Mali Part 2

Originally, I thought I’d go back and finish my original post on Mali and use the completed post to test out other blogging platforms, but I just don’t have the momentum at the moment. So I’m just going to throw down here, in no particular order, some of the other information that I meant to put in the original post.

In the New York Times‘ “Borderlines” article, they describe the city of “Timbuktu” as “fabled.” It had its heyday in the 13th through 17th centuries and became rich due to its location on an Arab trade route. The city is known for two things (perhaps others, but these are the two I know): Its library and its shrines. There was a wonderful article in Smithsonian about the efforts to save the medieval manuscripts that existed in Mali. It’s really a fascinating story and I high, highly recommend reading it. I also recommend reading it because it puts real people into what, for many of us, is a story about nameless forces.

The second thing Timbuktu in known for is its shrines to the saints. The city is sometimes called the “city of 333 saints.” Sufi Islam is not considered a “sect”, but it is tradition within Islam that emphasized the mystical aspect of the religion. Most Sufis are Sunni Muslims. Sufis have a tradition of revering individuals who have been important to the tradition and who are called saints. Shrines to saints have been built around their tombs. This is a controversial aspect of Sufism. Such shrines exist in other parts of the world but Timbuktu had many of them reflecting their own style of architecture which I presume is indigenous. I highly recommend that design geeks take a moment to look for some images of these buildings. The shrines in Timbuktu were classified as a UNESCO World Heritage Site.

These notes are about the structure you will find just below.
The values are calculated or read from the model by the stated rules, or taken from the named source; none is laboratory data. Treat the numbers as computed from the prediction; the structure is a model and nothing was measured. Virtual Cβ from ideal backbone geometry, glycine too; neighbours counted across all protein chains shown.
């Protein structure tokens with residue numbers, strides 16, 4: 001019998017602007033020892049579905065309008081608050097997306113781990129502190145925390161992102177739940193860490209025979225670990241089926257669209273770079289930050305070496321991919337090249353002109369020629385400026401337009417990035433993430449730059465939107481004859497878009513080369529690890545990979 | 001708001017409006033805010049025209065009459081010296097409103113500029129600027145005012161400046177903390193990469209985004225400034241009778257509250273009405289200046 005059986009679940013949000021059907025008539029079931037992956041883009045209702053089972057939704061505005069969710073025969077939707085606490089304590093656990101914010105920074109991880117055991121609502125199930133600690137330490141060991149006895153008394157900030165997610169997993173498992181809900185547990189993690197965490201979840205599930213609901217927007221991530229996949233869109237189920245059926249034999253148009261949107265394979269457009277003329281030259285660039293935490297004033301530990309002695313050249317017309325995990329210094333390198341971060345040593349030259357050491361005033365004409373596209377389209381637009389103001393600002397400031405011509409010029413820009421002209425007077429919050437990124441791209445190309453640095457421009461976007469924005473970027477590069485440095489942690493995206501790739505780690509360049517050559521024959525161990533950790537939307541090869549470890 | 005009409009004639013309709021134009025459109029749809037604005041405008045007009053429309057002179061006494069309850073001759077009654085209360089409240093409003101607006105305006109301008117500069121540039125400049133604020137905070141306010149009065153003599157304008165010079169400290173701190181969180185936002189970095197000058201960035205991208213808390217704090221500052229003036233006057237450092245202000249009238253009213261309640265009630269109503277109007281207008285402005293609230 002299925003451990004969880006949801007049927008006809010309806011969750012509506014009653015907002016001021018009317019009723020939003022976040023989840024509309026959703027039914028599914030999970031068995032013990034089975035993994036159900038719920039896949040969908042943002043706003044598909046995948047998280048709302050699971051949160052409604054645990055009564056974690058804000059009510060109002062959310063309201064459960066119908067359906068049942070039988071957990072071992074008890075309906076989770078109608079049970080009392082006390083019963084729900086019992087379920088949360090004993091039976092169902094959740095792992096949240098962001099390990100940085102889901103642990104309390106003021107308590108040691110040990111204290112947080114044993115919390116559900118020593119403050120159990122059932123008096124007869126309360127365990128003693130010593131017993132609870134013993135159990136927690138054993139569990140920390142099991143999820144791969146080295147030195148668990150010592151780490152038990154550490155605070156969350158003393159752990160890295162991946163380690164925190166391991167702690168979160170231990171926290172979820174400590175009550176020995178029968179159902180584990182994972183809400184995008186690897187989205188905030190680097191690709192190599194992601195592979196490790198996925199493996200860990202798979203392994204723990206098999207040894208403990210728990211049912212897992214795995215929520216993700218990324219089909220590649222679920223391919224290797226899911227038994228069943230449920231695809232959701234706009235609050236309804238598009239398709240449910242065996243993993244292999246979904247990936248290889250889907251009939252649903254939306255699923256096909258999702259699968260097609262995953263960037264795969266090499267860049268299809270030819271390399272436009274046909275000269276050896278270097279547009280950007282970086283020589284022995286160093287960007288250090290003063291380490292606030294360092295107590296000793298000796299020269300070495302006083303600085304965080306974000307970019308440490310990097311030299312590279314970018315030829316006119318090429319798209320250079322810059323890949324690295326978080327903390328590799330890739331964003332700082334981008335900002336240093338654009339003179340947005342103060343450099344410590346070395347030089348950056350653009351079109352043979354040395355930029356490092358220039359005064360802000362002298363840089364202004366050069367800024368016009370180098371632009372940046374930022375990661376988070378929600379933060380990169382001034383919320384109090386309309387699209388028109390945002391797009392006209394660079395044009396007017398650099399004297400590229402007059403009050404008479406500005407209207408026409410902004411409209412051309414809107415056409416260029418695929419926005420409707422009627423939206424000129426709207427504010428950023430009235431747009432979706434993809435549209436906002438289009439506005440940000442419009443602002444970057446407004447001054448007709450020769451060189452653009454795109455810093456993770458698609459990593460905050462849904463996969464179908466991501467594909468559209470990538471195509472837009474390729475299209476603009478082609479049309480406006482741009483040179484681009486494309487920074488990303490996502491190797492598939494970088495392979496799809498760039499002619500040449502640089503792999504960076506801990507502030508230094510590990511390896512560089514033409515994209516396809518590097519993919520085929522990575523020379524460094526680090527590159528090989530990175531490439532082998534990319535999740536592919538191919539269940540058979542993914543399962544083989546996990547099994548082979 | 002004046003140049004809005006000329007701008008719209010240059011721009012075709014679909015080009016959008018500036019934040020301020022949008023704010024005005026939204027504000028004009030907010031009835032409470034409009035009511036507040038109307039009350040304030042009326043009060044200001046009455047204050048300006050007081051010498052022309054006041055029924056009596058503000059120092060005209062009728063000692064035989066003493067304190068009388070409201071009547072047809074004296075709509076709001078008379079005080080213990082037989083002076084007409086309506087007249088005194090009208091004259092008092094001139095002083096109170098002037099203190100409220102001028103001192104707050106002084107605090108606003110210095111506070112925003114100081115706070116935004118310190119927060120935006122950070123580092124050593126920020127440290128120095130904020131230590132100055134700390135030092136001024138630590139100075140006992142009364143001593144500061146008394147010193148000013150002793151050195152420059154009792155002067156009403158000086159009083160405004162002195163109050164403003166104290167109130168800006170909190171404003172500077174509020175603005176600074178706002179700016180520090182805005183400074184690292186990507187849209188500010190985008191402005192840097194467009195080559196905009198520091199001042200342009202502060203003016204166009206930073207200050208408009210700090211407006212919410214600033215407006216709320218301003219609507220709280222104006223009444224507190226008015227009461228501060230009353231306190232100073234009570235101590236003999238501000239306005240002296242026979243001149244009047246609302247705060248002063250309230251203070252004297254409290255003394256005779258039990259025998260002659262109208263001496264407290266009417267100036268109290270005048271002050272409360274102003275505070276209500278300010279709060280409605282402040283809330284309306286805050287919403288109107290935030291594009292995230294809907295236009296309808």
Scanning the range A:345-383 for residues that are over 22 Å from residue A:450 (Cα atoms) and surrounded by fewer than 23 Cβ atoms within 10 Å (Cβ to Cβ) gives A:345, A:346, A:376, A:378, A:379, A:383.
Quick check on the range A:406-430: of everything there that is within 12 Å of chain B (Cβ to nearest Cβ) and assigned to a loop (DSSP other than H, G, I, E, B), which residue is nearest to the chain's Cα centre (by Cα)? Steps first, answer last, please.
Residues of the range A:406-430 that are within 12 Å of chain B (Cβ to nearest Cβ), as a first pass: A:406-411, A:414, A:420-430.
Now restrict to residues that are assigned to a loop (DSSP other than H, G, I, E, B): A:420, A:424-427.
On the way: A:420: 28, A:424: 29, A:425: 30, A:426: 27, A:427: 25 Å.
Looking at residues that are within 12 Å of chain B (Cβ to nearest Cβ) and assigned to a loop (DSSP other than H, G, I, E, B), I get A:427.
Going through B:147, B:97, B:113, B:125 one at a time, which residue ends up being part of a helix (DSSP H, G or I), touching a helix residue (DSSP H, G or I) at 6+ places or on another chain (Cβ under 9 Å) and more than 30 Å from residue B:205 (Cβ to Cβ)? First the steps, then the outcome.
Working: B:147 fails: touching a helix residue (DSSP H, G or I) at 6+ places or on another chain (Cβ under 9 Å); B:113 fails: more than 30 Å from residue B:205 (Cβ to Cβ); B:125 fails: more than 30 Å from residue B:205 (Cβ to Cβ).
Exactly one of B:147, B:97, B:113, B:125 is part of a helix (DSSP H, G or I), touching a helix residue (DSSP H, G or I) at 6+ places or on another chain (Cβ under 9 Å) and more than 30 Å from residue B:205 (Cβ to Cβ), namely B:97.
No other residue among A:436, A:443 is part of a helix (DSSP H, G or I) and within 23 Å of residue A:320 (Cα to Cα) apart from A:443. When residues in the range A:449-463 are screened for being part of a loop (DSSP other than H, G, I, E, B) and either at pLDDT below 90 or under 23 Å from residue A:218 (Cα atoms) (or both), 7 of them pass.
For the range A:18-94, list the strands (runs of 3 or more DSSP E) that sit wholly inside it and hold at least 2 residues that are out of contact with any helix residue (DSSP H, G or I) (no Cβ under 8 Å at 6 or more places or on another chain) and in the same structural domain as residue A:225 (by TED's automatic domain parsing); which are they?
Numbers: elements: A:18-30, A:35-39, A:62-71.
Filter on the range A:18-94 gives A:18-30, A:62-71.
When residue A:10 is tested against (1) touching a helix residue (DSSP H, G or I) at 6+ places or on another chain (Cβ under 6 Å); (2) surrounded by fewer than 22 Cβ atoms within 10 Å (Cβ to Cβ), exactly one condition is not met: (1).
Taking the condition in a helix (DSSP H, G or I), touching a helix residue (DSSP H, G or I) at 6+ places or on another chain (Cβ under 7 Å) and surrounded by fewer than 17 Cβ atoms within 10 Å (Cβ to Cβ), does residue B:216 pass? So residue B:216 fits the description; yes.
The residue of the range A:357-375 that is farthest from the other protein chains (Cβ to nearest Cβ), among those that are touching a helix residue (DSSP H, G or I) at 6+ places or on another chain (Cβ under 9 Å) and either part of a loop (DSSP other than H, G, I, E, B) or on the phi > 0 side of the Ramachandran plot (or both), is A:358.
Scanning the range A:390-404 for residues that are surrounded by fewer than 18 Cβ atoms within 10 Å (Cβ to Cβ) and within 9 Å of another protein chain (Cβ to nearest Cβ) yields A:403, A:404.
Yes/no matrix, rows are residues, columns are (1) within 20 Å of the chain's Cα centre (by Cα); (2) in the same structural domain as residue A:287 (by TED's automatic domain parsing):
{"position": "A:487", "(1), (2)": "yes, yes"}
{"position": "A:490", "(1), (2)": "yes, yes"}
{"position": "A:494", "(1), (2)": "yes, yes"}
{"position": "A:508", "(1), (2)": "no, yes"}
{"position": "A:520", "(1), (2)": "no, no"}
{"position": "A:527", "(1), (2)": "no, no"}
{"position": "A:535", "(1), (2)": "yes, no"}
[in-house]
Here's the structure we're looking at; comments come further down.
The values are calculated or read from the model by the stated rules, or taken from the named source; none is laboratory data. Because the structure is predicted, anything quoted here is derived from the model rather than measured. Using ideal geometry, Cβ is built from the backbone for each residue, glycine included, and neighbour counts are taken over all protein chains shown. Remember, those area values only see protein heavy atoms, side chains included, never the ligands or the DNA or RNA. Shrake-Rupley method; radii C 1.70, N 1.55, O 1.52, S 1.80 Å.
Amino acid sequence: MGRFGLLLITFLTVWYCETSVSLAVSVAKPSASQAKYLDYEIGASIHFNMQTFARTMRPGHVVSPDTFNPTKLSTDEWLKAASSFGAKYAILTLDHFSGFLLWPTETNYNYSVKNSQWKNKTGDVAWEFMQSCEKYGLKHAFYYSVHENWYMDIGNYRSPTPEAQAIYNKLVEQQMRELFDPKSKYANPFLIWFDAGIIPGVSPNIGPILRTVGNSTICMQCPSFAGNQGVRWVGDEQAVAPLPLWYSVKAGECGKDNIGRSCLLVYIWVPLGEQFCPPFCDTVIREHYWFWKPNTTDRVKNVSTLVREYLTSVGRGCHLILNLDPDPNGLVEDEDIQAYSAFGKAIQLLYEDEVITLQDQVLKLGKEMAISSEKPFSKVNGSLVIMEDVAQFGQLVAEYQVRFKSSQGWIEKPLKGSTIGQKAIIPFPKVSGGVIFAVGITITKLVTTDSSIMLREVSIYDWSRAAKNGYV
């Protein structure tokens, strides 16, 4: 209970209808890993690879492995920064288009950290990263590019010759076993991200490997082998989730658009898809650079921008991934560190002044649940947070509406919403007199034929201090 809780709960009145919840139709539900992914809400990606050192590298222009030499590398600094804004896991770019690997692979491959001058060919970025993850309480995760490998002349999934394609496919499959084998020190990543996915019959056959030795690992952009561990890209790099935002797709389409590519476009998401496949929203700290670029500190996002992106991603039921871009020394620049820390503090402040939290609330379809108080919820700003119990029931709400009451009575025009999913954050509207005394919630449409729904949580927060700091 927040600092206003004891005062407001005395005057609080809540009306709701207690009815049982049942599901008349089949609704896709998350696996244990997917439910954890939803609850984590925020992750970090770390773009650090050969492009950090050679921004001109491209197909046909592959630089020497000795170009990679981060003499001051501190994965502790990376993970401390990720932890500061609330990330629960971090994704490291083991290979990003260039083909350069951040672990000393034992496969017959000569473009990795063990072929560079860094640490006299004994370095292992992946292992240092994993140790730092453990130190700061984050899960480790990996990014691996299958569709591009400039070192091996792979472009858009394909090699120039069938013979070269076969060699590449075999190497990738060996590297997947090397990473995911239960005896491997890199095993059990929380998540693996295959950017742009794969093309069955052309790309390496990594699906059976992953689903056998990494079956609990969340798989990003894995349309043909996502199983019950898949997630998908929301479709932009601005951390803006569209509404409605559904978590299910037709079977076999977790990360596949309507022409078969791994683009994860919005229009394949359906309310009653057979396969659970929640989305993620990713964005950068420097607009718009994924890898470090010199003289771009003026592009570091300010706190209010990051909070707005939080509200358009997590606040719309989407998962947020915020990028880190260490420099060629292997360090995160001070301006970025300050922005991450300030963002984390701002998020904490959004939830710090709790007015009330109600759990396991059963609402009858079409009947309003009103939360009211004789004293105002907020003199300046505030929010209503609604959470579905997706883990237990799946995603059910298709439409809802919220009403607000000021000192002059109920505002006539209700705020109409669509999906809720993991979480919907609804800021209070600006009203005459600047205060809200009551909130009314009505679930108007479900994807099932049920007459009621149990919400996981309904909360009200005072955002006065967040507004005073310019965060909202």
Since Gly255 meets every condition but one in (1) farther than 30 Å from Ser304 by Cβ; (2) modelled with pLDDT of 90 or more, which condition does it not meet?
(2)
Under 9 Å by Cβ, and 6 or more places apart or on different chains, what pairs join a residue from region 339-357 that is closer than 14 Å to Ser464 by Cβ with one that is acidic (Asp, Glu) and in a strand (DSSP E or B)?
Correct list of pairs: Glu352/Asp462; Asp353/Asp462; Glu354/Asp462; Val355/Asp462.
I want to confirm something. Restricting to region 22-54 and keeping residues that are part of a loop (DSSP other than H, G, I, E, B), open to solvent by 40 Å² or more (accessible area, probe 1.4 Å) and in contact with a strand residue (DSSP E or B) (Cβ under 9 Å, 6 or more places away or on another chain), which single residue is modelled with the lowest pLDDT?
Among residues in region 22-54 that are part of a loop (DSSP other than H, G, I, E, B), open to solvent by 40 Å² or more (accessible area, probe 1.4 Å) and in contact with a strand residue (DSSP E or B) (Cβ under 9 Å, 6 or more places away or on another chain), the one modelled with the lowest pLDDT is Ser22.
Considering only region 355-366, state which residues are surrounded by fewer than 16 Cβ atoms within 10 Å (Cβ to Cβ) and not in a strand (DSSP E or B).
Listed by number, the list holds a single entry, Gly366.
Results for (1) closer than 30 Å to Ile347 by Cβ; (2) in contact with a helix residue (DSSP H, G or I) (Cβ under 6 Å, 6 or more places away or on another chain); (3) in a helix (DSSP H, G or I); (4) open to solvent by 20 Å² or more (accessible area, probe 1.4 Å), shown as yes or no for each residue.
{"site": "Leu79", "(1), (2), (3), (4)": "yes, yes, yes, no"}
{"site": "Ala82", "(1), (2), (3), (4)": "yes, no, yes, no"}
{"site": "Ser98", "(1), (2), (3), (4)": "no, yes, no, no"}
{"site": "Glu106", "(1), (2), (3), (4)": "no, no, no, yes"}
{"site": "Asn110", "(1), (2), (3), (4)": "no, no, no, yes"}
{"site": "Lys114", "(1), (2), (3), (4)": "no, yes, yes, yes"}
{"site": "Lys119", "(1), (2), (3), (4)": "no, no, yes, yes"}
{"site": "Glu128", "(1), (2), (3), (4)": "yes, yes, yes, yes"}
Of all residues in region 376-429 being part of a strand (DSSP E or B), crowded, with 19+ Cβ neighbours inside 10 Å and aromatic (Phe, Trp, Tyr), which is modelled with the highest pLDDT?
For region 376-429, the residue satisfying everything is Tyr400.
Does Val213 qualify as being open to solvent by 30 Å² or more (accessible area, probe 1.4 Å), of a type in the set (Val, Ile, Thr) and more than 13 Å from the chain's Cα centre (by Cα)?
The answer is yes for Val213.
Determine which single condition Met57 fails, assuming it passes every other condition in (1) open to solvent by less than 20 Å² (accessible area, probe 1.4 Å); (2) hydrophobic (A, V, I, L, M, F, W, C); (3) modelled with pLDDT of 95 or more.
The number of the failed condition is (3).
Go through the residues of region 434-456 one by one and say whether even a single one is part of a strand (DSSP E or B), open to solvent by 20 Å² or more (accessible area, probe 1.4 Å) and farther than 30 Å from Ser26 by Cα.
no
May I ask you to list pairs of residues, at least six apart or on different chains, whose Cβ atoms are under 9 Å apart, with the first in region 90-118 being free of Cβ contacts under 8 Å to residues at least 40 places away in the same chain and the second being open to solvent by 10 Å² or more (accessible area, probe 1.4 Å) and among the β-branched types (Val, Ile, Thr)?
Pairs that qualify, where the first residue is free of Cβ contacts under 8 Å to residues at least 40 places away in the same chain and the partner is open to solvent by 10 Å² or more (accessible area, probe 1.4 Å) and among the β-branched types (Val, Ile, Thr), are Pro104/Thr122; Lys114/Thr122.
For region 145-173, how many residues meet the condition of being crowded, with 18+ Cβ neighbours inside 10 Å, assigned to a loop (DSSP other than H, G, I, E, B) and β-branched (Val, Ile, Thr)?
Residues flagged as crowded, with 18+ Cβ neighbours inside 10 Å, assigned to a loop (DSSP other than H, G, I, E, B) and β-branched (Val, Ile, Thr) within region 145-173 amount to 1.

The rise of Islamism reflects not only the tensions between the Muslim world and the rest of the world, but a split within the Muslim world as well.

Salafism is a movement that began within Islam in the 18th century with Muhammad ibn Abd-al-Wahhab and is sometimes called “Wahhabism.” It is a fundamentalist version that seeks to return to the ways of the seventh century. There are divisions within Salafism, but the on that concerns us here is Jihadist Salafism. Just keep in mind that all Salafists do not advocate offensive Jihad.

As I mentioned in that first Mali post, the ethnic nationalist rebel movement which started the Tuareg rebellion was pushed aside by Islamist rebels. When they took the city of Timbuktu, they destroyed the library and the shrines. Although the manuscripts in the library were Islamic and so were the shrines, they are not approved of by the current wave of Islamist Jihadis. There is something especially chilling about the destruction of the library.

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